Academic journal article Interdisciplinary Journal of e-Skills and Lifelong Learning

Developing a Conceptual Framework for Evaluation of E-Content of Virtual Courses: E-Learning Center of an Iranian University Case Study

Academic journal article Interdisciplinary Journal of e-Skills and Lifelong Learning

Developing a Conceptual Framework for Evaluation of E-Content of Virtual Courses: E-Learning Center of an Iranian University Case Study

Article excerpt

Introduction

In recent years, education technologies have provided opportunity to benefit from efficient methods of learning (Geogieva, Todorov, & Smrikarov, 2003).

Also, diverse use of the Internet, web services and multimedia technologies have changed traditional learning into e-learning and have made it an important educational tool in universities (Chen, 2009; Shih, 2008). E-learning as a functional term has been introduced in the education field along with information technology, and in many countries, educational institutions, particularly universities, e-learning is a part of their long-term plans and they have put substantial investment into developing e-learning (Triantafillou, Pomportis, & Georgiadou, 2002). Indeed all universities and educational institutes around the world have been designed around providing e-learning in order to respond to increasing educational demands.

In many developed countries applications of e-learning courses is many times higher than the total higher education growth (Kurilovas & Dagiene, 2009). Due to growing popularity of this type of training, to enhance the quality of learning in e-learning, it should be noted that the quality of the electronic content is an important part of the training.

New research conducted around the world shows that e-learning, virtual learning contexts and managed services provide benefits to institutions and training centers, but besides all these positive points, challenges remain such as: learning rate, effectiveness of educational content, quality of content, use of e-learning standards and instructional design. It is important that materials of the highest quality are produced, in this era of rapidly increasing use of e-learning, in order to achieve effective learning. (Rubin, Fernandes, Avgerinou, & Moore, 2010; Kay & Knaack, 2009; Gutierrez y Restrepo, Benavidez, & Gutierrez, 2012; Raghuveer & Tripathy, 2012).

This study identifies criteria for judging the quality and effectiveness of learning objects and e-content, as well as presenting a framework for evaluation of e-content for virtual courses and tests the framework on two courses.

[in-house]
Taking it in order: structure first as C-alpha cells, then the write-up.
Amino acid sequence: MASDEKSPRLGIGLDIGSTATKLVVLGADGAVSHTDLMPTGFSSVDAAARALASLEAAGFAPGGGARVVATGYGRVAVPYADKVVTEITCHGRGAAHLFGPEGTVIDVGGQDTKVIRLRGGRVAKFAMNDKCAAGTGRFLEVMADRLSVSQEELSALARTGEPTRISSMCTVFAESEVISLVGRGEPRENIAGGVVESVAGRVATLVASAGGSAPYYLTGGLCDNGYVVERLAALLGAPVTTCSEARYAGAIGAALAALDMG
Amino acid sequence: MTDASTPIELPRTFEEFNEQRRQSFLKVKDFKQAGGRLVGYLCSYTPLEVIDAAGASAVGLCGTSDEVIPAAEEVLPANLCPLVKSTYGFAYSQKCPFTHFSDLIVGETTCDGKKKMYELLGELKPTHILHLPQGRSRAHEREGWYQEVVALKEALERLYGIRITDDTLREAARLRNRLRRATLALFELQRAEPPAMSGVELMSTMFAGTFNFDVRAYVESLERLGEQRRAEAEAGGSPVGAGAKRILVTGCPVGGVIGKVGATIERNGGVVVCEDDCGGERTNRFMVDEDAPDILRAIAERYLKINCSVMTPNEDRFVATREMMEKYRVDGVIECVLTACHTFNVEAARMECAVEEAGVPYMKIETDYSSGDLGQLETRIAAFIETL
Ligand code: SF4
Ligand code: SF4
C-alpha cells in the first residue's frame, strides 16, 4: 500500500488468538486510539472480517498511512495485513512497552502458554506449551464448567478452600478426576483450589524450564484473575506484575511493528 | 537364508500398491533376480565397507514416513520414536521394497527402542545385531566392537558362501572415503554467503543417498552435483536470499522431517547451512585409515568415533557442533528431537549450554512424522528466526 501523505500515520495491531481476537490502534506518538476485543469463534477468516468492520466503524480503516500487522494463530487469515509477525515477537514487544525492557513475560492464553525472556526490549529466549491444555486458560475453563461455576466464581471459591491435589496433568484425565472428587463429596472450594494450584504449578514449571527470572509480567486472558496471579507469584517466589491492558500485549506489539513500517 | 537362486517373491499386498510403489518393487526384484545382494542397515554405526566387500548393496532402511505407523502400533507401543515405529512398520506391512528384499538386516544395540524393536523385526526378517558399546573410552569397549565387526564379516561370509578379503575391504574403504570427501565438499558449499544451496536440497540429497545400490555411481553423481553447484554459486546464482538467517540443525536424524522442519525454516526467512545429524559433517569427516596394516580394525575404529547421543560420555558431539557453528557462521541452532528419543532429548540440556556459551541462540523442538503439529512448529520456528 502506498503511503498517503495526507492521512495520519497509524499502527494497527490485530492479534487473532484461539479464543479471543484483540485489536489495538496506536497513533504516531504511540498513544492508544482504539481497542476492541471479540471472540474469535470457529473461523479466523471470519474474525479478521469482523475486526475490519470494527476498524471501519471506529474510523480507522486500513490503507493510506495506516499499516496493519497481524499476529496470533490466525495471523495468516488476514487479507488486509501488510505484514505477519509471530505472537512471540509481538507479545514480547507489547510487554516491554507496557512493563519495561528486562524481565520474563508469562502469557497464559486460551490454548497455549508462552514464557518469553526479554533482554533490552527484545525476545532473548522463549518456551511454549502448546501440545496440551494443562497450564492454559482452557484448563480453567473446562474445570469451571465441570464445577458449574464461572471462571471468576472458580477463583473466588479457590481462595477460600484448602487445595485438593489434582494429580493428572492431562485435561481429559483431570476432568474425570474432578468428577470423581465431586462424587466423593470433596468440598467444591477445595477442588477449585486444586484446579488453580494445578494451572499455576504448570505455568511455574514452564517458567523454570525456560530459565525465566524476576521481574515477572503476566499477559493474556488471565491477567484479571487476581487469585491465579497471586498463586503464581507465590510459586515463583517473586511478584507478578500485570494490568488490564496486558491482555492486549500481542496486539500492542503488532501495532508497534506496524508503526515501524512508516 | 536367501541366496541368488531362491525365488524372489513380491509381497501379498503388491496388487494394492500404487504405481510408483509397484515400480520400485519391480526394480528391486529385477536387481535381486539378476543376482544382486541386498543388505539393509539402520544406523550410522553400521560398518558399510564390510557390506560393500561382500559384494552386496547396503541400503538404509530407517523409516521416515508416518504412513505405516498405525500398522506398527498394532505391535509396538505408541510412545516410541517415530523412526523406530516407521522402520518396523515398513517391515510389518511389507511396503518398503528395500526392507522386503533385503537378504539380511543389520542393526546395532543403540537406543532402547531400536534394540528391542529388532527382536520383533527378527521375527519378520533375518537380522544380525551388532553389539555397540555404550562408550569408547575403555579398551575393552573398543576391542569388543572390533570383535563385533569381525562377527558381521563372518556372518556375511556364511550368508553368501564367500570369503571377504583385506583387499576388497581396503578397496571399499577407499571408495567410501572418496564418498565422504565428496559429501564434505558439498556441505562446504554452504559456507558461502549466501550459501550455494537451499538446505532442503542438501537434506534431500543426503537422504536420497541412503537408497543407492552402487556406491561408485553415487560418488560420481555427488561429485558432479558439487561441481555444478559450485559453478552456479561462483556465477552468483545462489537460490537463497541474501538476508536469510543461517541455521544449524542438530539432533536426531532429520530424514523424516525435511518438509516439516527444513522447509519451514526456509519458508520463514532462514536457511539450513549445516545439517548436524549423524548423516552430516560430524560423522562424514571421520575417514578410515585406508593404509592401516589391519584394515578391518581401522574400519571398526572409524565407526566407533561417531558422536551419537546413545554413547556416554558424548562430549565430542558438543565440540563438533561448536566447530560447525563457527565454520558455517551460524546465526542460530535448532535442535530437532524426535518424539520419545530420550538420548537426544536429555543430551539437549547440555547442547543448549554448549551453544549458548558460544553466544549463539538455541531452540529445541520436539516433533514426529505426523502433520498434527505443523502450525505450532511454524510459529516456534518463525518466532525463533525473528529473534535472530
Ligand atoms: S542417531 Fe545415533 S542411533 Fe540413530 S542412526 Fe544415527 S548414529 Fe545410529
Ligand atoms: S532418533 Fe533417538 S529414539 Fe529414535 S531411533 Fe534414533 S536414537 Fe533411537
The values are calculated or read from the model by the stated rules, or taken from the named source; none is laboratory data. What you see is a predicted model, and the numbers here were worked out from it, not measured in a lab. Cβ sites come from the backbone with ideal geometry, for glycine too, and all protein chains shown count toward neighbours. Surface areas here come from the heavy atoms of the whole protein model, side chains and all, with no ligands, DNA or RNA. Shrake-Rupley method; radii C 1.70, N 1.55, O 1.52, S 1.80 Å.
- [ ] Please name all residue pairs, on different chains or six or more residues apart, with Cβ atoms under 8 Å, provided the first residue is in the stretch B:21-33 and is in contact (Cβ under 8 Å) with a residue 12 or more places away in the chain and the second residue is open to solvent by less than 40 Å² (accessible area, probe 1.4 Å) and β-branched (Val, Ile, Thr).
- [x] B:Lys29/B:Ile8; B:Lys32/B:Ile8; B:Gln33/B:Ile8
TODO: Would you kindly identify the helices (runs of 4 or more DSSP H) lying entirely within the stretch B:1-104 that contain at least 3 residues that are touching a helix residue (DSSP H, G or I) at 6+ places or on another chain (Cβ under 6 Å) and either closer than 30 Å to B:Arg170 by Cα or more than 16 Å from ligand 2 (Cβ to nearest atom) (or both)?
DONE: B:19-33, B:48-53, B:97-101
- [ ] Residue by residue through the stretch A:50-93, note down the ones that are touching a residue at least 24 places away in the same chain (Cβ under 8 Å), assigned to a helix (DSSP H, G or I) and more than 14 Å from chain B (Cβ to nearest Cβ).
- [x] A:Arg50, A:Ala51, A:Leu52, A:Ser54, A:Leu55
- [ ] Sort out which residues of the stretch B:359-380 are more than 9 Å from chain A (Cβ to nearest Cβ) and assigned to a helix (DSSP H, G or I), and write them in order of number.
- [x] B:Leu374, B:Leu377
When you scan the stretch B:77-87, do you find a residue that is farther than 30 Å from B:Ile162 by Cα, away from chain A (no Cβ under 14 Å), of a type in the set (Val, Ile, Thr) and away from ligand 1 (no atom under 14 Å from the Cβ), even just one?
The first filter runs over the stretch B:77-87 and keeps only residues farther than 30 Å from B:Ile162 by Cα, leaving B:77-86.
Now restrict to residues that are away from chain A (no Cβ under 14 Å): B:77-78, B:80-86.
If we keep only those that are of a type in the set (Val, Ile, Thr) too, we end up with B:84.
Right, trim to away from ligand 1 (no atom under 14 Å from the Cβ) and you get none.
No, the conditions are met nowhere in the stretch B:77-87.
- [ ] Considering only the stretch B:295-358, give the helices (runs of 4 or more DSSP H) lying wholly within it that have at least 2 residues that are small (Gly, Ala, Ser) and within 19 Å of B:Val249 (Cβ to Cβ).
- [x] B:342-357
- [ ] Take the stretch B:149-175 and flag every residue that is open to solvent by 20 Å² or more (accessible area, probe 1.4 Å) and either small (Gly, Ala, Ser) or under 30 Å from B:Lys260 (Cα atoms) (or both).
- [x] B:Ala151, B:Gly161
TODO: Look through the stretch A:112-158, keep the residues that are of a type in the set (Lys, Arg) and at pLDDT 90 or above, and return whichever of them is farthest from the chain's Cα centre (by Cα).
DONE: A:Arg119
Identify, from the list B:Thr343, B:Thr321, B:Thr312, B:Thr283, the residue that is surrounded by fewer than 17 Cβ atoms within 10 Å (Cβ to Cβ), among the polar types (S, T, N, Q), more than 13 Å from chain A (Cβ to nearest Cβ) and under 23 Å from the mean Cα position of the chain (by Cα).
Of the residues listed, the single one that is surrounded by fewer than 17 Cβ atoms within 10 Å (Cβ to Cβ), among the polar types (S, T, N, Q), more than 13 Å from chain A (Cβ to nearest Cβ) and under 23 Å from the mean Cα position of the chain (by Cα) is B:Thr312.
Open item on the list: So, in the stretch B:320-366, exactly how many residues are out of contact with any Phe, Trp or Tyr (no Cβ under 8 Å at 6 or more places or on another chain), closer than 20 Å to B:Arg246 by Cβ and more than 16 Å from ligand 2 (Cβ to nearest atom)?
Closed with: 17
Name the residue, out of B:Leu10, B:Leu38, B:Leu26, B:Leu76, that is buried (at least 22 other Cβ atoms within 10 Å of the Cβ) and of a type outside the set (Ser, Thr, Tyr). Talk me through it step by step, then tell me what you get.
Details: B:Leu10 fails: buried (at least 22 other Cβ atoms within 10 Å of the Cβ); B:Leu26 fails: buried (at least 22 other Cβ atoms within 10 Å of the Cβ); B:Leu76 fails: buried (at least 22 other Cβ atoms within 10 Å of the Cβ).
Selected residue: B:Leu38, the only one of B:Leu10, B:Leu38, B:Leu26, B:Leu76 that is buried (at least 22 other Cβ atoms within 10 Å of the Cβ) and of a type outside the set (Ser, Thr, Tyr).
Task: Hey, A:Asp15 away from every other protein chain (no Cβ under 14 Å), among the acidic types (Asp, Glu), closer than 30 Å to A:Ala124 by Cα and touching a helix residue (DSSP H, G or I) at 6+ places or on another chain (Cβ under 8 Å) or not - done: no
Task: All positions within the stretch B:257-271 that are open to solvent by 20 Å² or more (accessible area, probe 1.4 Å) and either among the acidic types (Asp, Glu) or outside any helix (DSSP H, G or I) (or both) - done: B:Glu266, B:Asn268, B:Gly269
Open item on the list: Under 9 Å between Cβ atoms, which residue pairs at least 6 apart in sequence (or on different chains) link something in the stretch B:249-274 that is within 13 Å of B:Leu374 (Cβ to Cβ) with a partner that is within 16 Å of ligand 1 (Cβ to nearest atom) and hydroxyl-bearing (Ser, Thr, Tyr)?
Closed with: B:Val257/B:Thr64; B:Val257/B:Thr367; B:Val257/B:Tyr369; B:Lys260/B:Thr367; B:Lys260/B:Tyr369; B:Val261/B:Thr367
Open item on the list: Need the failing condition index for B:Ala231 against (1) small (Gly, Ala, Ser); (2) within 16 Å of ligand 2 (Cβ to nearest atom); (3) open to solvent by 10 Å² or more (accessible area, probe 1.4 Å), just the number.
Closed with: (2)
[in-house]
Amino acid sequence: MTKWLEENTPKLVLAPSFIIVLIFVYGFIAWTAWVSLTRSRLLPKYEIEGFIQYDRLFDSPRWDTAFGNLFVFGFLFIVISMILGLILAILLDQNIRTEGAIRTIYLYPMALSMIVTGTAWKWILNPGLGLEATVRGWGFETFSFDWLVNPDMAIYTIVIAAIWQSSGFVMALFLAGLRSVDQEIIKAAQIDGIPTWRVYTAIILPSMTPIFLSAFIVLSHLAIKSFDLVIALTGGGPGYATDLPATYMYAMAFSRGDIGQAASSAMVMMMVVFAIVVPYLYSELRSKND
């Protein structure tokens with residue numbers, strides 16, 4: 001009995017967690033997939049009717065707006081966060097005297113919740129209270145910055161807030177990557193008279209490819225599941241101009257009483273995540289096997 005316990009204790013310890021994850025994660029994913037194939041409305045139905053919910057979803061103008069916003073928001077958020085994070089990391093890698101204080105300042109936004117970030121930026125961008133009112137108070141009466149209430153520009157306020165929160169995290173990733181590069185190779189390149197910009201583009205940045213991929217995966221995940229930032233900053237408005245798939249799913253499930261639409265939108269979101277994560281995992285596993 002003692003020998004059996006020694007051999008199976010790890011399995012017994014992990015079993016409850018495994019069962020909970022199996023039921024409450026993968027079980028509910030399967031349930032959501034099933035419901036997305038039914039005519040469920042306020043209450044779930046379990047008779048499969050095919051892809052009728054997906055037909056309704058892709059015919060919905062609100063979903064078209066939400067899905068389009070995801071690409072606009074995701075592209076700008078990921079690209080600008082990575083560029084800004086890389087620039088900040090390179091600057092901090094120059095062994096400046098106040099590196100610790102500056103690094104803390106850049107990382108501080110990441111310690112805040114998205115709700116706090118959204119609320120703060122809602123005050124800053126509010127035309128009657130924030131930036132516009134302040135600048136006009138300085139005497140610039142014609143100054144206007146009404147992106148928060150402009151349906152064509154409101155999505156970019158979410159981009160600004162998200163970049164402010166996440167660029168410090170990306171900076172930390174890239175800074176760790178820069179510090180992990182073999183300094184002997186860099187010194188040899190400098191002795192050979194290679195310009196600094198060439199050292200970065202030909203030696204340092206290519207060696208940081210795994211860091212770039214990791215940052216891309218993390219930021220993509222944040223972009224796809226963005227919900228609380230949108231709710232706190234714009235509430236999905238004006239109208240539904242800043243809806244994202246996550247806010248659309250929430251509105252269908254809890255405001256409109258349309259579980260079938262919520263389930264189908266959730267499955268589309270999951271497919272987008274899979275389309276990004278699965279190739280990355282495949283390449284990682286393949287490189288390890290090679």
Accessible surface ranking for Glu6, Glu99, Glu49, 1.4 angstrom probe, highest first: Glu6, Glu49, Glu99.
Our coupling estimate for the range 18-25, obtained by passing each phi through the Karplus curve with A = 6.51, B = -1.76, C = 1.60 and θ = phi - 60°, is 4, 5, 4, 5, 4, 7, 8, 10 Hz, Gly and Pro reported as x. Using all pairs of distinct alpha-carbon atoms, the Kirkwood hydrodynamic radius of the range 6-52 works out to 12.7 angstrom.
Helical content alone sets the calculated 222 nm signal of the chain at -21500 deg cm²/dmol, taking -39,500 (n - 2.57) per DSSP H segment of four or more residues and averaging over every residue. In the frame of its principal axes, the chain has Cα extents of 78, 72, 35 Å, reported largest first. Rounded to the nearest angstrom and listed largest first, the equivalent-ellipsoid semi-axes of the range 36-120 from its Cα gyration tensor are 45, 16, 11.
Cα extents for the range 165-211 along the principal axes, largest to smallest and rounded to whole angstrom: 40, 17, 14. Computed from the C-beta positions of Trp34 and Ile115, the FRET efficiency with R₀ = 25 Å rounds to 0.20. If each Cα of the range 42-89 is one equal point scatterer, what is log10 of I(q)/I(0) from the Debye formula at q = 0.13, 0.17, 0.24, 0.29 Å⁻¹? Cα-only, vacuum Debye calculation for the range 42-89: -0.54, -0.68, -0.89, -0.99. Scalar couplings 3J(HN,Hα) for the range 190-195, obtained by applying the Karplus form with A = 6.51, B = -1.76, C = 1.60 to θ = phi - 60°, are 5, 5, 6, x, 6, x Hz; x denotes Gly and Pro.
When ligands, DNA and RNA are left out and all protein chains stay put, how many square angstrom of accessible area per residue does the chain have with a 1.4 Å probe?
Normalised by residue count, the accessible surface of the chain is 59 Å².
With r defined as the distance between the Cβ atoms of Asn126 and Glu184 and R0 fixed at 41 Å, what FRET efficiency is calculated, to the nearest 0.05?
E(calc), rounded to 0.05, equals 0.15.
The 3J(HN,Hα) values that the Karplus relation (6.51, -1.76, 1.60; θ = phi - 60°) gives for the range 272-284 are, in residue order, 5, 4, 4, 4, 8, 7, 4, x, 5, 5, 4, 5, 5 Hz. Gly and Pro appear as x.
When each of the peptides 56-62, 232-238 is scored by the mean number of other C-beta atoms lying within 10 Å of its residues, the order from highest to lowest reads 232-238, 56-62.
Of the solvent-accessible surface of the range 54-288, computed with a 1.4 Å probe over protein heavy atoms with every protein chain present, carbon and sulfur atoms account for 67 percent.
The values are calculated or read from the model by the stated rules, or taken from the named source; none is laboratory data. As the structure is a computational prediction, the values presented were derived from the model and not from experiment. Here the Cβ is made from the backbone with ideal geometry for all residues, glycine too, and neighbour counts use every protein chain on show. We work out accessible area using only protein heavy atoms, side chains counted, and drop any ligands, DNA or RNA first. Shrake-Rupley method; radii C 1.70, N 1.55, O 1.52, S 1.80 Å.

This paper is organized as follows: first learning objects are explained in the context of instructional design, then existing frameworks for e-learning evaluation are discussed, next the methods used for this study are outlined, followed by a description of the iterative approach taken to develop the proposed framework. After testing the framework on two courses, the results are discussed.

Learning Objects and Instructional Design

In order to achieve high quality content, one of the most important issues is: attention to basic elements of content and enrichment of these components. Learning Objects (LO) are the basic elements of E-learning. As they correspond to the same standards, one can use any combination of them provided they match each other. By matching LOs, one can form bigger units of learning content such as: topics, lessons or whole courses (Fallon & Brown, 2003).

Harman and Koohang asserted that "a learning object is not merely a chunk of information packaged to be used in instructional settings. A learning object, therefore, can include anything that has pedagogical value--digital or non-digital such as a case study, a film, a simulation, an audio, a video, an animation, a graphic image, a map, a book, or a discussion board so long as the object can be contextualized by individual learners. The learner must be able to make meaningful connections between the learning object and his/her experiences or knowledge he/she previously mastered" (p. 2). For the purpose of e-learning, a learning object is digital in nature (Koohang, Floyd, & Stewart, 2011)

Daniel Churchill in his work has reviewed, various definitions and classifications for learning objects that, most investigators and institutes and universities around the world have offered and then he concludes "It seems that all learning objects are in common in terms of these features: 1. …

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